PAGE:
On the outbreak of the Indian Rebellion the order to march on Delhi was issued by Army Command in Shimla, and reached the regiment at Dagshai through Major George Ogle Jacob on 13 May 1857. After receiving the order, the regiment marched down from its rest station at Dagshai and was due to reach Umballa that evening.[5] Jacob was mortally wounded at the Siege of Delhi on 14 September 1857. His grave at Rajpura Cemetery, Delhi states: "Sacred to the memory of Major George Ogle Jacob, 1st Bengal Fusiliers, who whilst commanding his Regiment fell mortally wounded at the storming of Delhi, on the 14th September 1857, aged 38 years. This monument is erected by his family."[6] The regiment went on to take part in the Capture of Lucknow in March 1858.[2] Five members of the regiment were awarded the Victoria Cross for their actions during the rebellion.[7][8][9][10]

After the Crown took control of the Presidency armies in the aftermath of the Indian Rebellion, the regiment became the 1st Bengal Fusiliers in November 1859 and then the 1st Royal Bengal Fusiliers in May 1861.[1] It was then renumbered as the 101st Regiment of Foot (Royal Bengal Fusiliers) on transfer to the British Army in September 1862.[1][Note 1] The regiment took part in the Ambela Campaign in 1863 and then embarked for England in late 1868.[2] It was sent to Malta in October 1874 and transferred to Cyprus in July 1878 before setting sail for Halifax, Nova Scotia in November 1878.[2]

As part of the Cardwell Reforms of the 1870s, where single-battalion regiments were linked together to share a single depot and recruiting district in the United Kingdom, the 101st was linked with the 104th Regiment of Foot (Bengal Fusiliers), and assigned to district no. 70 at Ballymullen Barracks in Tralee.[12] On 1 July 1881 the Childers Reforms came into effect and the regiment amalgamated with the 104th Regiment of Foot (Bengal Fusiliers) to form the Royal Munster Fusiliers.[1]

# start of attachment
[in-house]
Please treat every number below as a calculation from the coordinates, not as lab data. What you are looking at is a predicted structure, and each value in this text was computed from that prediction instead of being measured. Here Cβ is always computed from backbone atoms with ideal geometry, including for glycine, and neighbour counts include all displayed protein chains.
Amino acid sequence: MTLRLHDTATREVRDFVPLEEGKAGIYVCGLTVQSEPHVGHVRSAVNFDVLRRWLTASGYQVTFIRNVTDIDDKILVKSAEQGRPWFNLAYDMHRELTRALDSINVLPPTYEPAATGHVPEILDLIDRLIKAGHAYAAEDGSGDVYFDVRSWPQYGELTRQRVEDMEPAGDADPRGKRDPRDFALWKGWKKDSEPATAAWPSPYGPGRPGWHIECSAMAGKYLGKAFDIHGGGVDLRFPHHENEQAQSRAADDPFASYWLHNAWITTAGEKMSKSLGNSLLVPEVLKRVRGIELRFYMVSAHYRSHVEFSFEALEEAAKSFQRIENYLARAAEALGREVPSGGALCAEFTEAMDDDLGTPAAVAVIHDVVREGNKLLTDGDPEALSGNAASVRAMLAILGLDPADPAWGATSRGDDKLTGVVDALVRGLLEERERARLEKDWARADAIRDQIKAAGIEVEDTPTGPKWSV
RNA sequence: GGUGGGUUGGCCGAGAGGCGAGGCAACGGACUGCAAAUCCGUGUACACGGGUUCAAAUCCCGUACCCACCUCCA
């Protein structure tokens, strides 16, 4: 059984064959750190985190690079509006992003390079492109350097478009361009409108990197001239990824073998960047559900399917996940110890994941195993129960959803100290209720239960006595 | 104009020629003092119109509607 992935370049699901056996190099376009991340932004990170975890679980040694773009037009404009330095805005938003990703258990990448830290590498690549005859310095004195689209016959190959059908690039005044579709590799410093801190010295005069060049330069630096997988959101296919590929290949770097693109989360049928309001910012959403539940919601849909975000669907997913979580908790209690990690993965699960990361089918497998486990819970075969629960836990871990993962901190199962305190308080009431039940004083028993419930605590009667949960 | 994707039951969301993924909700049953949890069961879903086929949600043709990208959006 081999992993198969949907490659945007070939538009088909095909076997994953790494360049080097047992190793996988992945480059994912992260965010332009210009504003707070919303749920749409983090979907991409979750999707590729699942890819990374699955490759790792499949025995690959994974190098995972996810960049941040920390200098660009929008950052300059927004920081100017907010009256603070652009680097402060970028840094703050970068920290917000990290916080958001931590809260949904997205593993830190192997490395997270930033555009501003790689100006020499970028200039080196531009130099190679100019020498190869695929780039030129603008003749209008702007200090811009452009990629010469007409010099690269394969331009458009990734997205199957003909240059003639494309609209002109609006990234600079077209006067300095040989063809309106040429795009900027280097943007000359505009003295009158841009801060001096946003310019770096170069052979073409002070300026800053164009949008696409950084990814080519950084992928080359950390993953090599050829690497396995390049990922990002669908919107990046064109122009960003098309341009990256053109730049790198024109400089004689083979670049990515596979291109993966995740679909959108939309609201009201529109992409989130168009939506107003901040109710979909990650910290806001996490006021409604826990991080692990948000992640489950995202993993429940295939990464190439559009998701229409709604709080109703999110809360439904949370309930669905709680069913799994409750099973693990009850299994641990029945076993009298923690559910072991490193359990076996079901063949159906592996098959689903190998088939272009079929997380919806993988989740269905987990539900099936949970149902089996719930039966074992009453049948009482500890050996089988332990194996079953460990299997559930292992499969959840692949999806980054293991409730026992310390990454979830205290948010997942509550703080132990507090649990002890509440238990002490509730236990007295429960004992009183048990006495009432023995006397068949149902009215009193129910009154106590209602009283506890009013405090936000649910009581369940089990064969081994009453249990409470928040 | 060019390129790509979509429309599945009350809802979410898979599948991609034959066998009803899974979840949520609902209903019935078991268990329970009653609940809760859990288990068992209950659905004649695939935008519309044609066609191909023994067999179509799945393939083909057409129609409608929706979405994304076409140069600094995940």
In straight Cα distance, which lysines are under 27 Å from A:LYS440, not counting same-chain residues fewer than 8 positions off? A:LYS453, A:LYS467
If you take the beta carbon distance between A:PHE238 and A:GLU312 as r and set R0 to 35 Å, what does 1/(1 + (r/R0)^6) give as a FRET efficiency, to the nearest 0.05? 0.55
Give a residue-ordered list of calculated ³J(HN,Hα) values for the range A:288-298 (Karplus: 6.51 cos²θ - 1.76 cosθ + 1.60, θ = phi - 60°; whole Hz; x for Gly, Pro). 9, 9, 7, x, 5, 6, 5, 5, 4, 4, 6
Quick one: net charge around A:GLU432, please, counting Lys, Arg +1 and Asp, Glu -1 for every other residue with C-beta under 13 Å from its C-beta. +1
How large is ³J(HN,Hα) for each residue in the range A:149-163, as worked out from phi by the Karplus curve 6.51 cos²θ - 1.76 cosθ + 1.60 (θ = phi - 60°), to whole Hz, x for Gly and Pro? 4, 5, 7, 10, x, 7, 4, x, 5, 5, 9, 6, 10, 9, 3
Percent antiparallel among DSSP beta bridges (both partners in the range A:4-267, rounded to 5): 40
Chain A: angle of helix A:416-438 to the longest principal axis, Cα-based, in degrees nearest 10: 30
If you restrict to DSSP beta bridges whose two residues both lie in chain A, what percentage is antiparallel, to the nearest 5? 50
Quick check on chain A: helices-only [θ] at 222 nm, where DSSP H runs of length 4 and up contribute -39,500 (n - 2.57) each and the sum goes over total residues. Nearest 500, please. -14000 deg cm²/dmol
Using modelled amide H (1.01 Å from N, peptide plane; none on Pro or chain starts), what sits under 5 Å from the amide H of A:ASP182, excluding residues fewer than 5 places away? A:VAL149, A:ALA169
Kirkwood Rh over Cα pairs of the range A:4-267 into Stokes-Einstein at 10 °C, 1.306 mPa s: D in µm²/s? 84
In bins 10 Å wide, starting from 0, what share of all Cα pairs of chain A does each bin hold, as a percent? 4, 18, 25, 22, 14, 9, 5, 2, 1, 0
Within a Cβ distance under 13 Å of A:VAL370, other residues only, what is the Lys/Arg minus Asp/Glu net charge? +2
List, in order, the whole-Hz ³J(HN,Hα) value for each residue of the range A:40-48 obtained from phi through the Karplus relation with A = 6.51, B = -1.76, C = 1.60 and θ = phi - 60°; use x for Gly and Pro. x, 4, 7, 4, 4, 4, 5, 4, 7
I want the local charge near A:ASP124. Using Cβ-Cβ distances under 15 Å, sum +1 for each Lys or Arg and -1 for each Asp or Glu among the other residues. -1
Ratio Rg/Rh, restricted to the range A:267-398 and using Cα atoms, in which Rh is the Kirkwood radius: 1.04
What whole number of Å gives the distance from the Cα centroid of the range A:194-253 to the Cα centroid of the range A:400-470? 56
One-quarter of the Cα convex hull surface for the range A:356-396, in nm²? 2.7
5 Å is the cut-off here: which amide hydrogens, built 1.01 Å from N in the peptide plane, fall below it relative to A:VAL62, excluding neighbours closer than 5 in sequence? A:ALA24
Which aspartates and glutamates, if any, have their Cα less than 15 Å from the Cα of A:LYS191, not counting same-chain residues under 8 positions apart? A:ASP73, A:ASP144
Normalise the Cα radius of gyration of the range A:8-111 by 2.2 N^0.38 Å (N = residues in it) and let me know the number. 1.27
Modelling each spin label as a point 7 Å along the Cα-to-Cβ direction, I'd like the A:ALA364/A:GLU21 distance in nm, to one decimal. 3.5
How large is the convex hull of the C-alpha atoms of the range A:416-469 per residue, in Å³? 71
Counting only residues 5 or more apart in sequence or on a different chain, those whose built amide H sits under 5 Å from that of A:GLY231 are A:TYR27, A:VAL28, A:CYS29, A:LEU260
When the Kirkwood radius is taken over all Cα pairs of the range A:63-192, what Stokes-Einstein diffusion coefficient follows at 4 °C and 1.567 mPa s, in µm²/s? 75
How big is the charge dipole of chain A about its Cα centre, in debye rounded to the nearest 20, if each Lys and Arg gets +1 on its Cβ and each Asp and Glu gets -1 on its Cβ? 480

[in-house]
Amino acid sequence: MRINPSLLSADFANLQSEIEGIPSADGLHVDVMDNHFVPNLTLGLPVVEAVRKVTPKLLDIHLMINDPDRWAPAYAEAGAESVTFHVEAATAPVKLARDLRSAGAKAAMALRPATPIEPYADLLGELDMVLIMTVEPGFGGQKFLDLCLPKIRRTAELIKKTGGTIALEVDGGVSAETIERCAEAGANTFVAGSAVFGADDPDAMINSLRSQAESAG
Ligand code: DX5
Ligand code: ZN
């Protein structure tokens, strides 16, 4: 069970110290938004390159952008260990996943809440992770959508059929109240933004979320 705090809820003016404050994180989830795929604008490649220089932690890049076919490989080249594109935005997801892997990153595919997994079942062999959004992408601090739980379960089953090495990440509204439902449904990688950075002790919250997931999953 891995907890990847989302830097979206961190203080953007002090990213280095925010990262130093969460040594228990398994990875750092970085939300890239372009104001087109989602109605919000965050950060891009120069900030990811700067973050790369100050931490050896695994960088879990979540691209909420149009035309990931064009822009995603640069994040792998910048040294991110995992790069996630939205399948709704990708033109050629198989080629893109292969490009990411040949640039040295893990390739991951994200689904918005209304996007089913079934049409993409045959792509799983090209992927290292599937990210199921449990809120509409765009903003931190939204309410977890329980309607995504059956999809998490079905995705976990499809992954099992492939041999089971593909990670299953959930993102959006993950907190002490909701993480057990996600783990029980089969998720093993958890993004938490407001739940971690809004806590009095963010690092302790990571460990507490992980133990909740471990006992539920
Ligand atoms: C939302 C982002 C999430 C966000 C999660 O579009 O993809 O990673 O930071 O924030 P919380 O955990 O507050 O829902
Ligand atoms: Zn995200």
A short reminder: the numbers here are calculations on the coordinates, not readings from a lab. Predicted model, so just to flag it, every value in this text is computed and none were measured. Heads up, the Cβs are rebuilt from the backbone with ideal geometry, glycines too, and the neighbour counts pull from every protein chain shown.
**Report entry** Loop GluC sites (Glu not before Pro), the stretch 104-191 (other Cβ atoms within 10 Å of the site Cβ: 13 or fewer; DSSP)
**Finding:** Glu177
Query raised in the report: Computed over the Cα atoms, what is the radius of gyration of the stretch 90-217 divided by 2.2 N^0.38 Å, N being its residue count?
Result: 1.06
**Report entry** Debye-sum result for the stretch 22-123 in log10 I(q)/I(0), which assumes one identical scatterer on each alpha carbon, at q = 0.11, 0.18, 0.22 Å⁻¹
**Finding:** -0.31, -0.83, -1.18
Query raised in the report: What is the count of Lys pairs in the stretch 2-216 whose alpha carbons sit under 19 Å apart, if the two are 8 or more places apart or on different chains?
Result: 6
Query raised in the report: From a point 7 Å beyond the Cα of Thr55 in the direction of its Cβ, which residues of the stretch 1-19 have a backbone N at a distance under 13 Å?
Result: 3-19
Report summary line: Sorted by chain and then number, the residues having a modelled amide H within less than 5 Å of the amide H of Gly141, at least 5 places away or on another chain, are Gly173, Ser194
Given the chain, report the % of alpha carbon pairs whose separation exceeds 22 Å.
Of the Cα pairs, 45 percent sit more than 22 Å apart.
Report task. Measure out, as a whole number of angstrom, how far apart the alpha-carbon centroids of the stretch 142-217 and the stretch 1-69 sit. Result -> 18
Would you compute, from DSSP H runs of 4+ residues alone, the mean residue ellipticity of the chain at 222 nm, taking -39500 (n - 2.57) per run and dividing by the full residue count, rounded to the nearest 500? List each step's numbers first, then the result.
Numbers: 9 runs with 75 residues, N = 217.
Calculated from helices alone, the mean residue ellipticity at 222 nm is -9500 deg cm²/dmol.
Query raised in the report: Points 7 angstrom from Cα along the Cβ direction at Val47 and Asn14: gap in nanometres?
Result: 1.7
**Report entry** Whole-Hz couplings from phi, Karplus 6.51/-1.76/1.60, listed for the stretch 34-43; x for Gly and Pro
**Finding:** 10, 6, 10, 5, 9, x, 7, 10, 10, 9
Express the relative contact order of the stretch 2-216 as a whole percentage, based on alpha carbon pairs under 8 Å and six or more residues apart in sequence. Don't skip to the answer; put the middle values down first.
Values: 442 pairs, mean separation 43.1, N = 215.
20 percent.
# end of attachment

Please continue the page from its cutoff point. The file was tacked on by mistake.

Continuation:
Battle honours

Battle honours awarded to the regiment were:[1]

Victoria Crosses

Colonels of the Regiment

Colonels of the Regiment included:[1]

101st Regiment of Foot (Royal Bengal Fusiliers)
  • 1862–1873: Lt-Gen. Sir Abraham Roberts, GCB
  • 1873–1881: Gen. Corbet Cotton


  1. "Her Majesty's Government have expressed an anxious desire to preserve the proud recollections of distinguished service which belong especially to the older Regiments of each Presidency, and to incorporate with Her Majesty's Army, Corps which have so greatly contributed to the acquisition and maintenance of Her Majesty's Dominions in the East. Her Majesty having graciously determined to mark Her estimation of the services of Her Indian Armies, by conferring the designation of "Royal" upon three of the European Regiments, and by selecting for this honour one Regiment from each Presidency...has much gratification in announcing that the following Regiments will henceforward bear the honourable designation of "Royal" Regiments...The 1st Bengal Fusiliers. The...older Regiments in the several Presidencies will thus be converted into Regiments of Her Majesty's General Army, and will be numbered and designated as follows...The 101st Regiment of Foot (Royal Bengal Fusiliers).[11]


  1. "101st Regiment of Foot (Royal Bengal Fusiliers)". regiments.org. Archived from the original on 30 March 2006. Retrieved 17 August 2016.CS1 maint: BOT: original-url status unknown (link)
  2. "101st Regiment of Foot (Royal Bengal Fusiliers): Locations". Archived from the original on 10 March 2006. Retrieved 25 March 2017.
  3. "The East India Company: How a trading corporation became an imperial ruler". History Extra. 21 January 2017. Retrieved 28 July 2019.
  4. For example in the correspondence of Lt.Col. George Gladwin Denniss(1821-1862) (ed. P. Chantler, South Molton, 2010) who invariably placed the word "European" before "Bengal"
  5. Correspondence of Lt.Col. George Gladwin Denniss II, 13/5/1857, ed. P. Chantler, South Molton, 2010
  6. "List of memorials from Indian Mutiny". Archived from the original on 7 February 2007. Retrieved 25 March 2017.
  7. "No. 22278". The London Gazette. 21 June 1859. p. 2420.
  8. "No. 22212". The London Gazette. 24 December 1858. p. 5519.
  9. "No. 22357". The London Gazette. 17 February 1860. p. 557.
  10. "No. 22260". The London Gazette. 6 May 1859. p. 1867.
  11. "No. 22514". The London Gazette. 28 May 1861. pp. 2252–2253.
  12. "Training Depots". Regiments.org. Archived from the original on 10 February 2006. Retrieved 16 October 2016.

Further reading